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Photovoltaic


— Architecture

The Porter School of Environmental Studies highlights sustainable building in Israel

A new building at Tel Aviv University features a standalone EcoWall that aims to provide vertical garden space and research facilities for its faculty. The university's Porter School of Environmental Studies (PSES) hopes that its new green building design will not only join the small number of LEED certified buildings in the country, but will also highlight sustainable methodologies for future buildings in Israel. Read More
— Mobile Technology

Street Charge solar charging stations for smartphones make New York debut

Telecomms provider AT&T has partnered with portable solar power systems developer Goal Zero and Brooklyn design studio Pensa for the roll out of Street Charge public solar charging stations in New York. Each station is topped by PV panels that charge up a powerful internal battery to provide smartphone and tablet users with a free juice up. The first units debuted at Riverside Park, Brooklyn Bridge Park, Fort Greene Park and Governor's Island on June 18, and will be followed by another 20 or so stations in the coming months. Read More
— Architecture

Former porn megastore transformed into world's largest net zero building

Originally constructed in 1972, the former Castle Boutique Megastore in Phoenix, Arizona, has been transformed from an adult-themed store into the new headquarters of sustainable-building firm DPR. Despite its origins, it would be a mistake to underestimate DPR's new premises, as the building received both LEED-NC Platinum certification and Net-Zero Energy certification from The International Living Future Institute, thus making it currently the largest net zero building in the world. Read More
— Environment

MIT maps solar potential of Cambridge, Massachusetts with record accuracy

MIT researchers have developed a new technique that can be used to accurately predict the annual yield of a photovoltaic solar array located anywhere on the planet, taking into account local climate, panel orientation, and obstructions from nearby buildings. As a proof of concept, the scientists have mapped out the 17,000 rooftops of Cambridge, Massachusetts and created a user-friendly web interface that residents can use to look up their homes and get an accurate projection of the cost and return on investment of placing a PV panel over their heads. Read More
— Electronics

Making solar cells with a kitchen microwave

For most people, experiments involving a home microwave typically don't go much further than inflating a marshmallow like a balloon or reheating leftovers in plasticware – both with messy results. For metallurgists though, microwaves are sometimes employed to efficiently process metals, which is how researchers at the University of Utah found themselves using a secondhand kitchen appliance in their lab. Their resourcefulness paid off recently, when the team discovered a method for creating solar cell material with just a few basic ingredients and an old microwave. Read More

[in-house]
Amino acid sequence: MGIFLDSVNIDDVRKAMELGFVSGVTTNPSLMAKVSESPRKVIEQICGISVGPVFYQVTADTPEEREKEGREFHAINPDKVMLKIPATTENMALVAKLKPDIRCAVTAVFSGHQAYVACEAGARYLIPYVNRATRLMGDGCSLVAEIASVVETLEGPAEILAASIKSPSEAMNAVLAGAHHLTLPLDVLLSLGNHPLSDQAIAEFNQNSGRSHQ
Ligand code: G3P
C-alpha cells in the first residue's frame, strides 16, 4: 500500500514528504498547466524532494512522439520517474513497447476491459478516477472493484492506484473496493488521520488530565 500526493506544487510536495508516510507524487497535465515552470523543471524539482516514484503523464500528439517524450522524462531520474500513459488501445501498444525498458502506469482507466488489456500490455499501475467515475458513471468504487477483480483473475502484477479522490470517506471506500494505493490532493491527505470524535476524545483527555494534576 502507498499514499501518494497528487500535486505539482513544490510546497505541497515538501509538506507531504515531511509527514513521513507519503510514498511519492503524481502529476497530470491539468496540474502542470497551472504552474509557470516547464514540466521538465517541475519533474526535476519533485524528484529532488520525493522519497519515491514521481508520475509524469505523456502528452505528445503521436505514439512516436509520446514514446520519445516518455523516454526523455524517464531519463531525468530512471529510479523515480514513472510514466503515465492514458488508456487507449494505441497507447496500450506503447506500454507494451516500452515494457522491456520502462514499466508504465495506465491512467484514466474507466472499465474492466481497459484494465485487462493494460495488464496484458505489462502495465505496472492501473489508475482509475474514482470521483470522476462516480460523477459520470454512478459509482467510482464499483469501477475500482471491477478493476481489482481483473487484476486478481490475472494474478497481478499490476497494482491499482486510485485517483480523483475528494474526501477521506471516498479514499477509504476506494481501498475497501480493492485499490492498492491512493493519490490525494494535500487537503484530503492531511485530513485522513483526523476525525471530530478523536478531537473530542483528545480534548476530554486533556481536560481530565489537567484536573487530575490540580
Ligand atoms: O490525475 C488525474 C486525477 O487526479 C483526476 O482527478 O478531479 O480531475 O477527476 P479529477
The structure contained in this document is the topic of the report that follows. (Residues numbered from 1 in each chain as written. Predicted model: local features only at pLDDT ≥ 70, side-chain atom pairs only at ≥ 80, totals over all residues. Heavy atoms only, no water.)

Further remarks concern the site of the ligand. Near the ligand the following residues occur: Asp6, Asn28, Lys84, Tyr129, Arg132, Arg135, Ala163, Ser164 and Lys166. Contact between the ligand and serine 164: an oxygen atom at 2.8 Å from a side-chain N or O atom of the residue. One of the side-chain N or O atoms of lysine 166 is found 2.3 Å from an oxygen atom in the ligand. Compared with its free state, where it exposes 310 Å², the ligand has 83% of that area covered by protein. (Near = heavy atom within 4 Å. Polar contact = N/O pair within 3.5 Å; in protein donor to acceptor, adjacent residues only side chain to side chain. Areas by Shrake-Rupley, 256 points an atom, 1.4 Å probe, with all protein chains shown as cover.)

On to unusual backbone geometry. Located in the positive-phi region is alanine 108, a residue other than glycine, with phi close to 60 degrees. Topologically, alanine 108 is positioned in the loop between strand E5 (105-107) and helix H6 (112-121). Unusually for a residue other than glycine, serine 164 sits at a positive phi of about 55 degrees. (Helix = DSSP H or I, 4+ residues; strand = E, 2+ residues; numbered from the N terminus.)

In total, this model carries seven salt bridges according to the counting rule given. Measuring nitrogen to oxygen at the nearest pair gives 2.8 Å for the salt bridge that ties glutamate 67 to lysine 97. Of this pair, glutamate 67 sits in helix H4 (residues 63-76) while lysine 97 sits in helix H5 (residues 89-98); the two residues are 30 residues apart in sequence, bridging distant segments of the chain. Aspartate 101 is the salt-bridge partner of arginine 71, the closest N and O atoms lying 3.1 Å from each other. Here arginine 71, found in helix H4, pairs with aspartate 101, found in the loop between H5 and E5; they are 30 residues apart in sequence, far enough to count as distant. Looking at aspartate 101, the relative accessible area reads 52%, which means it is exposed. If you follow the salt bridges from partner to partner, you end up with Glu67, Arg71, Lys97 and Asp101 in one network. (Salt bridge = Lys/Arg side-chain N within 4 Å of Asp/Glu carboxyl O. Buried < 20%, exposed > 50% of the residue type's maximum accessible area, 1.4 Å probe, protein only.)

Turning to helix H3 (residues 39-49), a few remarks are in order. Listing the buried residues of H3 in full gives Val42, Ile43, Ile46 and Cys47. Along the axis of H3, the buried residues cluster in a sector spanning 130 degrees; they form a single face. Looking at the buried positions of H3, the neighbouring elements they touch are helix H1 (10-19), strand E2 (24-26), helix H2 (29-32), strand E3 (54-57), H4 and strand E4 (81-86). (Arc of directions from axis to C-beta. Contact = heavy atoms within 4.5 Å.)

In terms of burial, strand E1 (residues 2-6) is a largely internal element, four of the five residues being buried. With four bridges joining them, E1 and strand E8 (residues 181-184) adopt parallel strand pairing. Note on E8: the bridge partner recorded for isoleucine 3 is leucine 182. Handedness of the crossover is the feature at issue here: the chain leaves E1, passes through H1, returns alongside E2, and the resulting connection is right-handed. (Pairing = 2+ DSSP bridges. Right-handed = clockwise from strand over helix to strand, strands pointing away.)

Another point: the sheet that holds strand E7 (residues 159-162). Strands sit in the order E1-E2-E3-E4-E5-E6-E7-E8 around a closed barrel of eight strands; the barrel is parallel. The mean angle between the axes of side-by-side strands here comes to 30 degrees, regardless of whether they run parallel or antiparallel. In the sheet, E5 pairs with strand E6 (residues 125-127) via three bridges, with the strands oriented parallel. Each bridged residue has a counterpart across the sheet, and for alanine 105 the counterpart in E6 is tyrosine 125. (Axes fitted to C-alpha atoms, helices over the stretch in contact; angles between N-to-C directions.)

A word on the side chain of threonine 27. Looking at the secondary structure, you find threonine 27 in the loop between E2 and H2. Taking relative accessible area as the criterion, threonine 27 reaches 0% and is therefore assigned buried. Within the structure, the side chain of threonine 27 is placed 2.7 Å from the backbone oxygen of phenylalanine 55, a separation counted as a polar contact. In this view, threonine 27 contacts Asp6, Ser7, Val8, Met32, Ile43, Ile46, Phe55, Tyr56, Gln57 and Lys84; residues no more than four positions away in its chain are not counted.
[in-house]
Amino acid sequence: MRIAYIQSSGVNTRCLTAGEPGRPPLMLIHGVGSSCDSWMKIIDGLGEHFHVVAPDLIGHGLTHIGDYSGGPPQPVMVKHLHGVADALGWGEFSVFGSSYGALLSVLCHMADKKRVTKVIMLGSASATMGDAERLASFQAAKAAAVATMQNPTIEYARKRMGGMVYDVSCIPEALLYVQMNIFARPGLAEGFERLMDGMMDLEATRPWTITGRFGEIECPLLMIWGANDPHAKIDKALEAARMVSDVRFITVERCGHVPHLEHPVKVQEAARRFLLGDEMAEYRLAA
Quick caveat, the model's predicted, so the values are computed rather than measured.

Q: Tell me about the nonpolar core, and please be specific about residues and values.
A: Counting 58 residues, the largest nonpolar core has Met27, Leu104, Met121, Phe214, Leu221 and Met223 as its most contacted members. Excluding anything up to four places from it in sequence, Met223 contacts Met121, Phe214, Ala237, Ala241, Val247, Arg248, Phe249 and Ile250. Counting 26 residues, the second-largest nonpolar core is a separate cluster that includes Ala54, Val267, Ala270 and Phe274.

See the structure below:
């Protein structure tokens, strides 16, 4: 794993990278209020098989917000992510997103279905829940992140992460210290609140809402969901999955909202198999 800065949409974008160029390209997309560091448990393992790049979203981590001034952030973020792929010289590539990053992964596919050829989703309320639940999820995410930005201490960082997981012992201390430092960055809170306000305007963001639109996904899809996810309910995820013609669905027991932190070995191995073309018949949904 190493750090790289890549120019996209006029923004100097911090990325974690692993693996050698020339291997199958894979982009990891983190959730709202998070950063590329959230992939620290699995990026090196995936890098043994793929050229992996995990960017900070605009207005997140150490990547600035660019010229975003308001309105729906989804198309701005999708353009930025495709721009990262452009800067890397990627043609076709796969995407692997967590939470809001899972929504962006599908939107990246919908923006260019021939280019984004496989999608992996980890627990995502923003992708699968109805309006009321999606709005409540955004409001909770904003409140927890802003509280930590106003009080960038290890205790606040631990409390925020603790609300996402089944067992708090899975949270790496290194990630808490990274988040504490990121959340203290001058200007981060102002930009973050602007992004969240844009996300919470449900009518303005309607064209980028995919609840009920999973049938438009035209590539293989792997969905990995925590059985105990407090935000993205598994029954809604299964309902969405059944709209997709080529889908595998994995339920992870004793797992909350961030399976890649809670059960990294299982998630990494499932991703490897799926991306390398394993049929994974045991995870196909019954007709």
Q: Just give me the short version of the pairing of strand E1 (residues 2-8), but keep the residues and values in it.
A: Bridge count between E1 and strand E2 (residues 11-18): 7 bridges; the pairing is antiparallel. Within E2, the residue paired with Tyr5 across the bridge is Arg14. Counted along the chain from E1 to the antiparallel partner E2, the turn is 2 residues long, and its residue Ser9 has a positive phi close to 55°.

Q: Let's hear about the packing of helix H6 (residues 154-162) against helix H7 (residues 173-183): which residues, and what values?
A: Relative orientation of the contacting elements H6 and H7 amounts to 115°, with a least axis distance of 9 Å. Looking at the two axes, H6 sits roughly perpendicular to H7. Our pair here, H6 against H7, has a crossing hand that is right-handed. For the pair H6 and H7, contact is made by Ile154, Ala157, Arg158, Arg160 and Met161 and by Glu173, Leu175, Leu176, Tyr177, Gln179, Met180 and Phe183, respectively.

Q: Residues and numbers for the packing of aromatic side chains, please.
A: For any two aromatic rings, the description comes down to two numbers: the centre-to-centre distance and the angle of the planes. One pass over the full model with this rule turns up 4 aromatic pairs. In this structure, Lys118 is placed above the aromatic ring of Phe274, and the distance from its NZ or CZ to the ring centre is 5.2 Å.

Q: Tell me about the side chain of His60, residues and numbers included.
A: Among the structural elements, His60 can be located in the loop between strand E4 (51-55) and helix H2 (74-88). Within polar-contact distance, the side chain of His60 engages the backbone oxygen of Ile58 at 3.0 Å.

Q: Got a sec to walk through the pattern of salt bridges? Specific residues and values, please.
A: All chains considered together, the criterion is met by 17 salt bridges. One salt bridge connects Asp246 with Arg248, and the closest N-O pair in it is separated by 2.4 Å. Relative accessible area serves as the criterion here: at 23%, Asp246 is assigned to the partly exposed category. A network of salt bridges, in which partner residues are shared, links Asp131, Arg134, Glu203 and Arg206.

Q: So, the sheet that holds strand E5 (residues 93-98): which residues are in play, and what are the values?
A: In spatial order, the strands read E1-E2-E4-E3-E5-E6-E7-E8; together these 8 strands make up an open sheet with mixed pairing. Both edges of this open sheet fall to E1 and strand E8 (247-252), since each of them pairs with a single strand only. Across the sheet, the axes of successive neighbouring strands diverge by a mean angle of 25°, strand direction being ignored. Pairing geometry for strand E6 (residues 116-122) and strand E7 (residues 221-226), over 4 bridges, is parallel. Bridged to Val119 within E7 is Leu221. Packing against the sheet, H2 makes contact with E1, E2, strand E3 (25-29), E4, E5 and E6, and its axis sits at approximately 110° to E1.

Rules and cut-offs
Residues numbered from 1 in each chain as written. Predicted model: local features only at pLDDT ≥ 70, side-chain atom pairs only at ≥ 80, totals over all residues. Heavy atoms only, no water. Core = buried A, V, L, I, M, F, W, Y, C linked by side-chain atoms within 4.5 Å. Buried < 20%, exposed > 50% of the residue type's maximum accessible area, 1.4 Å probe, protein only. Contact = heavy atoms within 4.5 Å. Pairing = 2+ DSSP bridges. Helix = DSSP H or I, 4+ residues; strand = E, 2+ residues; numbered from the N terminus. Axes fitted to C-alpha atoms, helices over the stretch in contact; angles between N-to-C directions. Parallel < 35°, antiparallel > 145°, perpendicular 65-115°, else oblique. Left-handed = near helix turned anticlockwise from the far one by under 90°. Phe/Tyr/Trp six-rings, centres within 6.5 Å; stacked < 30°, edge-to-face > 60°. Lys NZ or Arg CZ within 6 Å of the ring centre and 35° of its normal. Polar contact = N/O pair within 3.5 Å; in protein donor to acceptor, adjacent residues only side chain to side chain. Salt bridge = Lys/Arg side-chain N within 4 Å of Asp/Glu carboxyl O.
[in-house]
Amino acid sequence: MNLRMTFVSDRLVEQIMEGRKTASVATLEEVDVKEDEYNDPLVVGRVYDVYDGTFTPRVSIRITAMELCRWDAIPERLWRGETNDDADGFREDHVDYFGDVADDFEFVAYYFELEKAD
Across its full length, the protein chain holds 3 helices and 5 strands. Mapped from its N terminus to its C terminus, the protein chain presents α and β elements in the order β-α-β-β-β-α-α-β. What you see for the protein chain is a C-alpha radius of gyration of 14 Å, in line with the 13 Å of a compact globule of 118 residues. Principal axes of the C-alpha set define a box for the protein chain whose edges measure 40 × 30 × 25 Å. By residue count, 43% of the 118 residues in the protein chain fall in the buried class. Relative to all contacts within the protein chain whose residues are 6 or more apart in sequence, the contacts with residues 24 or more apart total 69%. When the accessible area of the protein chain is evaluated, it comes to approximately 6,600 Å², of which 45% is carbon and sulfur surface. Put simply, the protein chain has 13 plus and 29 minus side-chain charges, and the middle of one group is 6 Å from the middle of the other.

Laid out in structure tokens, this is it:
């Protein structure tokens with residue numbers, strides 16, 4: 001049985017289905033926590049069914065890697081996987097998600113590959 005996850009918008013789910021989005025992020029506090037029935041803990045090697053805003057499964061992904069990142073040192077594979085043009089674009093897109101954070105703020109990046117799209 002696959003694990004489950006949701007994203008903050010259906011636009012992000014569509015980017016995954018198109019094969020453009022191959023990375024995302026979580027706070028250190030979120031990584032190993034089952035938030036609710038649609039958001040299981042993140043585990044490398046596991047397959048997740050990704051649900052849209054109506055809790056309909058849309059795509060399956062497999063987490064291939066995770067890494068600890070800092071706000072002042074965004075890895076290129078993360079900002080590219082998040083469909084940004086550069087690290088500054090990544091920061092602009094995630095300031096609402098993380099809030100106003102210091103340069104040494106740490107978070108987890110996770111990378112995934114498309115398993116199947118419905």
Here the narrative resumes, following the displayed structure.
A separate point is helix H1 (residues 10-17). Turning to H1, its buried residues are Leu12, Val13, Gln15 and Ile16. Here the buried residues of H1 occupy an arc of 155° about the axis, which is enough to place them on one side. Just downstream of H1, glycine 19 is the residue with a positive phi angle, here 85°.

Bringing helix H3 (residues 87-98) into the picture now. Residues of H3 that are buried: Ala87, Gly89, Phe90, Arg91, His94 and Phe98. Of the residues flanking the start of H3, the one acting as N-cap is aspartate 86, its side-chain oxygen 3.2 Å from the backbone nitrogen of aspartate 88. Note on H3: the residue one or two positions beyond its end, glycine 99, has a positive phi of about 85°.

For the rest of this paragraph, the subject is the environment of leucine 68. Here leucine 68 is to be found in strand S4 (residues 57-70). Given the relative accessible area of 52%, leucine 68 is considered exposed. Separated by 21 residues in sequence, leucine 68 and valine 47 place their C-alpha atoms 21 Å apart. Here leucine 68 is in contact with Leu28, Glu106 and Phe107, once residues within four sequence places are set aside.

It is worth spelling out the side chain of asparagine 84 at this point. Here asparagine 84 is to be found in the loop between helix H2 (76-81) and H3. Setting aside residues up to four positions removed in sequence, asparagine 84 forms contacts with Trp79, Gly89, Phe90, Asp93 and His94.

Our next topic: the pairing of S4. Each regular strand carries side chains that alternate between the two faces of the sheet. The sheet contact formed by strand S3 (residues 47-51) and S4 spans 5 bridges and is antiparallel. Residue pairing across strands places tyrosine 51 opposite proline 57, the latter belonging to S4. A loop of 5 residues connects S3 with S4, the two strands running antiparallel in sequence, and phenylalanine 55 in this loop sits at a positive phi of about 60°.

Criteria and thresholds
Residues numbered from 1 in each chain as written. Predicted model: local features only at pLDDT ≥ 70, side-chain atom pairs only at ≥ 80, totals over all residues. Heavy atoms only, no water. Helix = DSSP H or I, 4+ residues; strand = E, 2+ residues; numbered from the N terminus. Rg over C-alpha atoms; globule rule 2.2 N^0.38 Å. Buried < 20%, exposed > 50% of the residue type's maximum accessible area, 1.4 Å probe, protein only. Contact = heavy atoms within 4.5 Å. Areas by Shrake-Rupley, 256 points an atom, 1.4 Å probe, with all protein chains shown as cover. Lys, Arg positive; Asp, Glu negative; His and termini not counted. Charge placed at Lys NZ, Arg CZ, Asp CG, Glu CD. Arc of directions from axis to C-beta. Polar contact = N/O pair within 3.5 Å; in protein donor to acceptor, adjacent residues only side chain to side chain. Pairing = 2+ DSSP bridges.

— Environment

Making the most of low-grade silicon for cheaper, more efficient solar panels

While we wait for affordable multi-junction solar cells that are pushing past the 40 percent conversion efficiency mark to make it out of the lab and onto our roofs, we have to make do with standard commercial silicon cells that currently max out at around 19 percent. A team from the University of New South Wales in Australia has found a way to improve the quality of low-grade silicon, enabling higher efficiency solar cells to be produced from cheaper, low-grade silicon. Read More
— Environment

IBM applies supercomputer cooling to solar collector for 80% efficiency

Solar power may provide a clean, abundant source of energy, but we know the sun's rays are capable of much, much more. Aside from generating electricity, we've seen solar energy harnessed to produce drinkable water as well, so why not combine the two processes into one system? That's what IBM and its collaborators are hoping to do with an affordable High Concentration PhotoVoltaic Thermal (HCPVT) system that uses cooling technology from supercomputers to harvest solar energy more efficiently and produce purified water at the same time. Read More
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